However, the movie caused some criticism and was attacked in Croatia, including an attempt to prohibit it. Did you ever consider that this could really happen?
I don't really care about the reactions of people who don't understand what I'm talking about or people who don't want to understand. When I did my first movie Cashier Wants to Go to the Seaside, they tried to forbid it before it even got out of my studio, so I learned what it's like. Therefore, I only have one way to go; it's the "head against the wall" way. I know what I'm talking about in a movie and I don't make movies to have them forbidden. It's interesting; everyone who attempts to ban something in the name of humanism automatically ends up attacking it.
It seems that conservative currents were provoked by this movie more than by your previous ones. Is it more dangerous today to talk about villagers and pigs than about lesbians and AIDS?
What is very important to me is that The Lika Cinema is a very honest and intimate movie, so I am not concerned at all whether it provokes people or not. When I'm directing a movie, my only concern is to make it as good as possible. What happens to it later on depends on the context and the audience. But what made me concerned at one point was that people today have turned out to be more conservative and even more reserved than ten years ago. And that provokes me as an author even more. On the other hand, people have lost the habit of going to the cinema, which is not only a problem in Croatia. A sold out premiere in Pula and two nights in Sarajevo, before the whole rush about the movie began, brought back my faith in people when I thought the worst.
It is considered that you made not a native movie, but one that sincerely pictures the environment outside the coordinates of [film director Emir] Kusturica that feed the European prejudices about the Balkans. Is this a message to other authors from the region to make movies that talk about Croatia without exotic, mostly imagined, details?
The problem with Kusturica is that he imposed an image of the Balkans that some people, out of their own Western perspective, wish to preserve. My movies have nothing to do with that. People here aren't ridiculous nor do you see goose flying over their heads. This Balkan mystic melted in an attempt to live normally, without East-West bifurcation. An interesting thesis was set: The Lika Cinema has been put in the context of Eastern radical films, which analyses everyday living and diametrically opposes Kusturica's ideal image of the Balkans. Western nations need to abandon their comfortable point of view, which from our perspective is an equivalent to us responding to Armenia and Georgia by saying that we are doing fine but they are a little underdeveloped. That's all nonsense. We all have the same issues, only on different terms.
Does making movies with public money, as most movies here are still made, automatically imply a sort of responsibility to make movies that speak positively about the Croatians?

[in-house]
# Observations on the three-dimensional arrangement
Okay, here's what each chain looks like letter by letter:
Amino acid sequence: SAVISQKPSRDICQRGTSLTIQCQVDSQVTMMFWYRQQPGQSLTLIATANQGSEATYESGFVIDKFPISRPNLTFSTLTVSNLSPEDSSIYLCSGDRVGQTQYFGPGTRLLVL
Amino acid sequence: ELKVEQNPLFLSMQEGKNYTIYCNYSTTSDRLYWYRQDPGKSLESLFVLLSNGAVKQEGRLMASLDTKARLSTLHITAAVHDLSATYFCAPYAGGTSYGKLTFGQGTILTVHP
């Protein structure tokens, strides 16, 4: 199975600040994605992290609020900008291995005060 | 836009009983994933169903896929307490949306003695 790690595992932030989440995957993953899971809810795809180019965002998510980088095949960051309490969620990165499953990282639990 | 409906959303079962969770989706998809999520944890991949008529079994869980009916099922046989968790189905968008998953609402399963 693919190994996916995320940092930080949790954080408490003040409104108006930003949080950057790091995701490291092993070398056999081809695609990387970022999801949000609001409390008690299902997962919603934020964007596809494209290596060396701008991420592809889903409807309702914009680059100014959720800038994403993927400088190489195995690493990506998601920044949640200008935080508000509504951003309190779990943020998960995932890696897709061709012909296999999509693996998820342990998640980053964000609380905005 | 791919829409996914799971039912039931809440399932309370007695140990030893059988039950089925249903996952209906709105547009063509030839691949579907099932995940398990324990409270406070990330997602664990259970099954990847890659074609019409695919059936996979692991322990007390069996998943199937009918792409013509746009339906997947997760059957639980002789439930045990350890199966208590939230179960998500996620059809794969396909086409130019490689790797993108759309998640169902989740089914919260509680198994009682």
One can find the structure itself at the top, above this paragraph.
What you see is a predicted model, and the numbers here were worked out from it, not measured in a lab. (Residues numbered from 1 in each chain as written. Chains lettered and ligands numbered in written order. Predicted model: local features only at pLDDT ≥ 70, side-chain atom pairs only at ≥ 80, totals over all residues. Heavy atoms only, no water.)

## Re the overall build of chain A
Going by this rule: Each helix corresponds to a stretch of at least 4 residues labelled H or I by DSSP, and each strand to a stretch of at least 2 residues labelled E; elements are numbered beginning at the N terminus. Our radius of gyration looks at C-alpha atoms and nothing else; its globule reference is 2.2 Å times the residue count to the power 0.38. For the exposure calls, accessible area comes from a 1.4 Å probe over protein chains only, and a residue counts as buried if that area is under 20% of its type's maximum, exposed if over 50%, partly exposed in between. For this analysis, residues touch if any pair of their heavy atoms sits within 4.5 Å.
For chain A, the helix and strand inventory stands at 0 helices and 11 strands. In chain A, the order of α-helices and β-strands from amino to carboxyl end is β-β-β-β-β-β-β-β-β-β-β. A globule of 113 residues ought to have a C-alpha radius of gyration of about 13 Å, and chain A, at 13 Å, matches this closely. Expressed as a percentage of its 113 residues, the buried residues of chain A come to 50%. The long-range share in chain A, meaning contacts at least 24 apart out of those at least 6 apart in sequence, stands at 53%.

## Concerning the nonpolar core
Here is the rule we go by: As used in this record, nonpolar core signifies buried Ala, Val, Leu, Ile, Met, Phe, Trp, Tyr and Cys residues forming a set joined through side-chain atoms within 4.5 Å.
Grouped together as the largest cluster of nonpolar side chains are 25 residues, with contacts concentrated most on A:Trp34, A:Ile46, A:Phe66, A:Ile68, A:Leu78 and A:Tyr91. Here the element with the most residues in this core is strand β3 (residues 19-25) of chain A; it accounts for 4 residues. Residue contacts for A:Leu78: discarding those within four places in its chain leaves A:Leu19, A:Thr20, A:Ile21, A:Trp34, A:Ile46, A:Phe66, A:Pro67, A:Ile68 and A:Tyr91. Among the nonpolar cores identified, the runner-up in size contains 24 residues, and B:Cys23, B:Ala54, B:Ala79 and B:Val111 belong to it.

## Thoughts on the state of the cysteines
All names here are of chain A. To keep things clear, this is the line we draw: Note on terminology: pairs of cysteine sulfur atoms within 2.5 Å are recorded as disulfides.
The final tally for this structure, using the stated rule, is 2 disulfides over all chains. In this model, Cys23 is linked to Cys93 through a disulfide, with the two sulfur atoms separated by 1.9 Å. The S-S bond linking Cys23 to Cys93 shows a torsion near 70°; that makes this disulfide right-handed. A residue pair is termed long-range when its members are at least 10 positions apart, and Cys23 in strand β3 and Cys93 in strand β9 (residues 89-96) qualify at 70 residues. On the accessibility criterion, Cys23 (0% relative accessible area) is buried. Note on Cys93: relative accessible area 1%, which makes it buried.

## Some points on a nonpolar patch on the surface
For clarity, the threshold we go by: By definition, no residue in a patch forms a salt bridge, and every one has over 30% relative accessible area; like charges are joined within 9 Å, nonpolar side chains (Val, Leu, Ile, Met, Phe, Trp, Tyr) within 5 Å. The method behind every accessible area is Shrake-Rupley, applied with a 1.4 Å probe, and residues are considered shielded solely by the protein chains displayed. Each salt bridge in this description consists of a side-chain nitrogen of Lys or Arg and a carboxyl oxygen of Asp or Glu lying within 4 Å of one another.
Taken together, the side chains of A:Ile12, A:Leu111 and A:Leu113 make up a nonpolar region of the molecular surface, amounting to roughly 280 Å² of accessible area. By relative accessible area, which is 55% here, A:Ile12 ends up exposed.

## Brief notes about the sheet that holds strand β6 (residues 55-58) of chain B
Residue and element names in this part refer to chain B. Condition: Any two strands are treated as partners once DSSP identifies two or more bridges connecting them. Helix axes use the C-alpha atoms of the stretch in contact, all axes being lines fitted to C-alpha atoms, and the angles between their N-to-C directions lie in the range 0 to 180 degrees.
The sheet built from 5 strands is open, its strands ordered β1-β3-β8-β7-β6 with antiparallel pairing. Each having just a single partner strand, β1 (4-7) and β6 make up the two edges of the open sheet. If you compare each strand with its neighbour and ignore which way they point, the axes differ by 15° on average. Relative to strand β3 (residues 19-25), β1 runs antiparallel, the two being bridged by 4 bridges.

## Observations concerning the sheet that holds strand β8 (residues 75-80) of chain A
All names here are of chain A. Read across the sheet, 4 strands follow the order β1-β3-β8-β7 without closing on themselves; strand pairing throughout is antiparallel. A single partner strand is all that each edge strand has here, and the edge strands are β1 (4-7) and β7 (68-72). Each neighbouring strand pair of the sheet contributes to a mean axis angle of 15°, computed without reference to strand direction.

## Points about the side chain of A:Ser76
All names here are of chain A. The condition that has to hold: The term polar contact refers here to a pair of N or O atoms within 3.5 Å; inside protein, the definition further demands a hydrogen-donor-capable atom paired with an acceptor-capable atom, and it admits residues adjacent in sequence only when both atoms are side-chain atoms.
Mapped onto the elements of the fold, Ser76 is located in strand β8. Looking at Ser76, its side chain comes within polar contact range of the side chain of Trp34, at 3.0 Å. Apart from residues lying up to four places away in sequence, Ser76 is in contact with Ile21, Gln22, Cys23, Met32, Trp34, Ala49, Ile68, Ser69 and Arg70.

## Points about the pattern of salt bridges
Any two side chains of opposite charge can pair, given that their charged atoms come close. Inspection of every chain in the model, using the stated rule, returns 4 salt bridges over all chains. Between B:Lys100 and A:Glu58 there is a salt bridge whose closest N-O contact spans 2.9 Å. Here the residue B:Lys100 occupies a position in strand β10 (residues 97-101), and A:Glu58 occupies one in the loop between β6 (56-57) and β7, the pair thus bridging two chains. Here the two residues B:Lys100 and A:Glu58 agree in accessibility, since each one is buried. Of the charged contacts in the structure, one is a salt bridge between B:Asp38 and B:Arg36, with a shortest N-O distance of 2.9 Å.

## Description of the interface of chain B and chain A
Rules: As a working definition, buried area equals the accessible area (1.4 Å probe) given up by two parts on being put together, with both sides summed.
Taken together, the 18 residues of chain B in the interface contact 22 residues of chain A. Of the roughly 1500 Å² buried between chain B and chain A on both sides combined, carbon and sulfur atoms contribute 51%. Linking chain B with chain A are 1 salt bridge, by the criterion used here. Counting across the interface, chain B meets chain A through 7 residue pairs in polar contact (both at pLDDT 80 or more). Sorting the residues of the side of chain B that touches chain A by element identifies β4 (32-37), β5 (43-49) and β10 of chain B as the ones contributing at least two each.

What's really positive in our film financing model is that there is no censorship. The situation is absolutely positive in the way that state money doesn't oblige you to make a picture book about Croatia. The basic of the film culture is to be free from any kind of control. Our model of film production as a national and cultural good is an inheritance from the socialist days. In fact, it is also similar to the Danish model, which I find to be the most developed one in Europe. I consider commercialisation negative because the economy here is still weak. Attempts of so called producers of cinematography - common for example in Germany - produce bad creative results because everything is measured by the market, outflanking the public and measuring success purely on the number of visitors in cinemas. Respect the audience and give them the best you can, and they will understand.
What will your next movie be about? Is there a comedy underway?
Next winter in Zagreb we'll start shooting my sixth movie called Mother of asphalt. It will be a very harsh women's movie about the local mentality and putridity of marriage. I'm going to deal with human relations and the eternal hunger for love. As for comedies, I can't wait for the situation to get better so that I can make one, especially since I am known for my bad jokes. But it's not the right time yet, it wouldn't be honest to do something that is an escape from everyday life.
Are you optimistic about Croatian society?
I would be optimistic if it would accept the European code of conduct – cultural conduct and a culture of living. But everything in between is a disaster. Our selling out to the West is terrible; people are getting lost in transition. I believe we [Croatians] all have predispositions to be a small escapist European oasis, but we don't work hard enough on that. Culturists here are still ahead of everyone else in this regard. When I'm doing a movie I consider it to be part of the European tradition, not a local one. I automatically place my various thoughts within a European context. East or Southeast European is irrelevant, but European is important. People at international festivals find this acceptance of the general code of conduct interesting, which is especially important in order to open up and erase the borders within Europe.
Find out more: www.dalibormatanic.com